Height: 168 ft.
Controlled by: Fire Island Preservation Society

Fire Island Lighthouse  Source: commons.wikimedia.org

Fire Island Lighthouse stands at 168 feet tall and is planted on the western end of Fire Island along the southern shoreline in Long Island, NY. It’s also a visible landmark in Southern Suffolk County in Great South Bay. In truth, directions may not even be needed since any structure this tall would be hard to miss so long as you’re in the general area!

Opened in 1858 and built with brick and cement, the lighthouse went fully automated in 1986. The architect for this beauty was J.T Morton.

Did you know? 

The lighthouse made a cameo in the film, What Happens in Vegas, which starred Cameron Diaz and Ashton Kutcher. In the film, Diaz constantly refers to Fire Island Lighthouse as her favorite place in the world.

  1. Barnegat Lighthouse

Location: New Jersey
Established: 1857
Height: 171 ft.
Controlled by: Barnegat County Park

Barnegat Lighthouse  Source: commons.wikimedia.org

Barnegat Lighthouse stands at 171 feet of pure block and iron. It is active on the northern end of Long Beach Island along the New Jersey Coast. It was built with iron and block because at the time it was established, it was purposed for Lt. George Meade, who would beat Robert E. Lee in the Battle of Gettysburg. He made sure that this structure could withstand the brutality that comes with war.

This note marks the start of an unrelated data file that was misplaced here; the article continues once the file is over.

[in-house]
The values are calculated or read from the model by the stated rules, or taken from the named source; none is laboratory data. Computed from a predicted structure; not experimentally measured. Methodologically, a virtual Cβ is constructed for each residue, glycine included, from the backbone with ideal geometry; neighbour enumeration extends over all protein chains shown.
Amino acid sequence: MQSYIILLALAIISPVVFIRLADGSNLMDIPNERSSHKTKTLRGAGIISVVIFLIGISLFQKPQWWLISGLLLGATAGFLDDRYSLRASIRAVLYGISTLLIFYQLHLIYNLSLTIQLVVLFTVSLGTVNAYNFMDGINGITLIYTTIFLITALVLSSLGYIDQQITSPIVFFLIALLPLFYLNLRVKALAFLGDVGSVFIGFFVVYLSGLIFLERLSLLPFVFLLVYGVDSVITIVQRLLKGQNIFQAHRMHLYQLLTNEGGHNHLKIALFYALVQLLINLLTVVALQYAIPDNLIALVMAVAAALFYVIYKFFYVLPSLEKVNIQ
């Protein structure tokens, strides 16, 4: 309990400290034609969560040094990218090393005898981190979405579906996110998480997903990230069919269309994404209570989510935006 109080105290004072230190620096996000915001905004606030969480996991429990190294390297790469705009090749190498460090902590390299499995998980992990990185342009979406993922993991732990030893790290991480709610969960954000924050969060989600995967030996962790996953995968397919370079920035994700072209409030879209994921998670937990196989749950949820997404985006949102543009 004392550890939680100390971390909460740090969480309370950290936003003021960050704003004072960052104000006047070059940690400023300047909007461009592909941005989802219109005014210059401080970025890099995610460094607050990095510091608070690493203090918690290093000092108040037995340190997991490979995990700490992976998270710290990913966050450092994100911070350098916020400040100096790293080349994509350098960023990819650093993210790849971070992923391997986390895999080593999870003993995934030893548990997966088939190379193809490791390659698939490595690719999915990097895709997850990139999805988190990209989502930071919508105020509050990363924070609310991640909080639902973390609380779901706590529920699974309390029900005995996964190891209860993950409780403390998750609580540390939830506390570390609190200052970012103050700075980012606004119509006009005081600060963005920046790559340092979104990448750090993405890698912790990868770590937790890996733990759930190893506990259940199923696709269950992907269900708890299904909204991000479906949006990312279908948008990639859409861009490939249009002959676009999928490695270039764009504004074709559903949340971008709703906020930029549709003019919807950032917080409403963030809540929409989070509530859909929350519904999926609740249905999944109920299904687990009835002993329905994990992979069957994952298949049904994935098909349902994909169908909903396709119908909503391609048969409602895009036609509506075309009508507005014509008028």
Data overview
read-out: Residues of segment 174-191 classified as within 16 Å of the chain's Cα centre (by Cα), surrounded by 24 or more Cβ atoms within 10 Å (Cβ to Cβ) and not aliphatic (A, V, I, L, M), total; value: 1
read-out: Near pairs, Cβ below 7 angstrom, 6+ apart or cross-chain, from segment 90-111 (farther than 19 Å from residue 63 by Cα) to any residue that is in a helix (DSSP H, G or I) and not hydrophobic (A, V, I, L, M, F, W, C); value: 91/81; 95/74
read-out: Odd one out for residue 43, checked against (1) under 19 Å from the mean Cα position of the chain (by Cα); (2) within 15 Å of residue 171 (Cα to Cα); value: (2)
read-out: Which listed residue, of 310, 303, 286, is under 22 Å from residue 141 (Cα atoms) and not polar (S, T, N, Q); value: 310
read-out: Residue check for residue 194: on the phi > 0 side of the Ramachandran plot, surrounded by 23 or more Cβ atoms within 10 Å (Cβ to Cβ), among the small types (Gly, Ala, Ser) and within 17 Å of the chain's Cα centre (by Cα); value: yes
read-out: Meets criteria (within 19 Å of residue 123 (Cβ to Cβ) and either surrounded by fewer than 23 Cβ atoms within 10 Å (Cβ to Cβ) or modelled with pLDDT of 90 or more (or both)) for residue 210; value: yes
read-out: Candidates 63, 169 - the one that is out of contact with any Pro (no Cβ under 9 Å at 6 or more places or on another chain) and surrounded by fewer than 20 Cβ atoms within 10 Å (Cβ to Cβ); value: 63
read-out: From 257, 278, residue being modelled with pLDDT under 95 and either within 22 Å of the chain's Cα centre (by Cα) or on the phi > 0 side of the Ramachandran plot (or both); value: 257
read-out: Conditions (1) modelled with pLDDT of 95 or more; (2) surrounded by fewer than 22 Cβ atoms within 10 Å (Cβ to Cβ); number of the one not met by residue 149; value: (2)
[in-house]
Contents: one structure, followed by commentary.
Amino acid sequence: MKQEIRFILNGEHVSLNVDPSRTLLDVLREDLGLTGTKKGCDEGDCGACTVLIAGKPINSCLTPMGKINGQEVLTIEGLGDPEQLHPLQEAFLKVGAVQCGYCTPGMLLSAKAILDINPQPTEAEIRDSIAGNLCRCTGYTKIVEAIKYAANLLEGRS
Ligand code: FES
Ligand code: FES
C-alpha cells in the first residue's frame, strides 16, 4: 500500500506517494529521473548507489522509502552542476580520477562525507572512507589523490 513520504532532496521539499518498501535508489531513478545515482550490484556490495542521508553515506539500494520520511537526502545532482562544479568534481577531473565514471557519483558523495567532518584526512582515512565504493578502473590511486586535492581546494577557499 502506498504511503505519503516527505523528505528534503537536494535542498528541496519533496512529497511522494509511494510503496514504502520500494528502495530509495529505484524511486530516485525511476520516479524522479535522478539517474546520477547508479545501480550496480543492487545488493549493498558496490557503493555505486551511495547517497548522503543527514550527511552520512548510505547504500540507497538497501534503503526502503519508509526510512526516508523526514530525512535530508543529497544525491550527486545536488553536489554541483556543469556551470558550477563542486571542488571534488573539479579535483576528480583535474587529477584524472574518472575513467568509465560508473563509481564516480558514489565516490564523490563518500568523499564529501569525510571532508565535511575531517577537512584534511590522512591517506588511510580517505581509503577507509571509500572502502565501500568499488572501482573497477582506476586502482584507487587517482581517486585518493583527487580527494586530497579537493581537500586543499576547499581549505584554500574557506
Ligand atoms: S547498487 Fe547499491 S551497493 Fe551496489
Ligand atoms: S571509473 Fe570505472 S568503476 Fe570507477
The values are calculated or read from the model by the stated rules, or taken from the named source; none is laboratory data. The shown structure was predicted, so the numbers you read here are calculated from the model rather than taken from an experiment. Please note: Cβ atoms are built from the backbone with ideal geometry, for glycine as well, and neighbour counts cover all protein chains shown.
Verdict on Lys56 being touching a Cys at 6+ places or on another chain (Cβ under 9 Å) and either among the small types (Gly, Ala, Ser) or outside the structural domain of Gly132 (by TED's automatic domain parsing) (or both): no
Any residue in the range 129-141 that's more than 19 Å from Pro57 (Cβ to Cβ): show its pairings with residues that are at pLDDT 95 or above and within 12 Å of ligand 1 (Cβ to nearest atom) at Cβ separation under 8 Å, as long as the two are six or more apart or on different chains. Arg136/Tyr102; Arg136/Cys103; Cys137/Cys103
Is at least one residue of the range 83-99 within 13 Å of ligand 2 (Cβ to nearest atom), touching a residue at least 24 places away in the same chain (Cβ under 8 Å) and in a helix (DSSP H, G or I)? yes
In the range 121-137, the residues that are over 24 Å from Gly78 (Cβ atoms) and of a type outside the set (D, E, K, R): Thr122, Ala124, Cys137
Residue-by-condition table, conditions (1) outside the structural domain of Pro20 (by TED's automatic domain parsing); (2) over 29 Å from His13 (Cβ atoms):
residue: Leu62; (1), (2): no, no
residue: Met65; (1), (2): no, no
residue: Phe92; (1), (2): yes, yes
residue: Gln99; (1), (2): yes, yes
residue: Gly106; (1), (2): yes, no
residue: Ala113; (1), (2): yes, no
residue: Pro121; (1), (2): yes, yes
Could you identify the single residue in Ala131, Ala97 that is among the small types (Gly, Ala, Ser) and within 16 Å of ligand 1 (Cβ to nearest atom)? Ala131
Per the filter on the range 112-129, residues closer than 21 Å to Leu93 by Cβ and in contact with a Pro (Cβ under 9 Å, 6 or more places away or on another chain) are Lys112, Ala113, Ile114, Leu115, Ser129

For just $1, guests can climb the 271 stages and witness some of the most beautiful views the state of New Jersey has to offer.

Did you know? 

Because of the location of this lighthouse, it was considered one of the most crucial navigation points for ships heading to and from the New York Harbor.

  1. Absecon Lighthouse

Location: New Jersey
Established: 1857
Height: 171 ft.
Controlled by: Atlantic City

Absecon Lighthouse  Source: commons.wikimedia.org

Absecon Lighthouse is tied with number five on this list for the 4th tallest lighthouse in the U.S. It also stands at 171 feet and is made of brick, iron, and granite. Construction began in 1854 but was established in 1857.

The lighthouse was planned by George Meade and considering the materials used to build it, that’s no surprise. Absecon Lighthouse is open to the public, and they are welcome to traverse the 228 stages to the top for more breathtaking views of the Atlantic Ocean.

Did you know? 

It is the tallest lighthouse in New Jersey while also being the third tallest masonry lighthouse in the United States.

  1. Ponce de Leon Inlet Lighthouse

Location: Florida
Established: 1887
Height: 175 ft.
Controlled by: St. Augustine

Ponce de Leon Inlet Lighthouse  Source: commons.wikimedia.org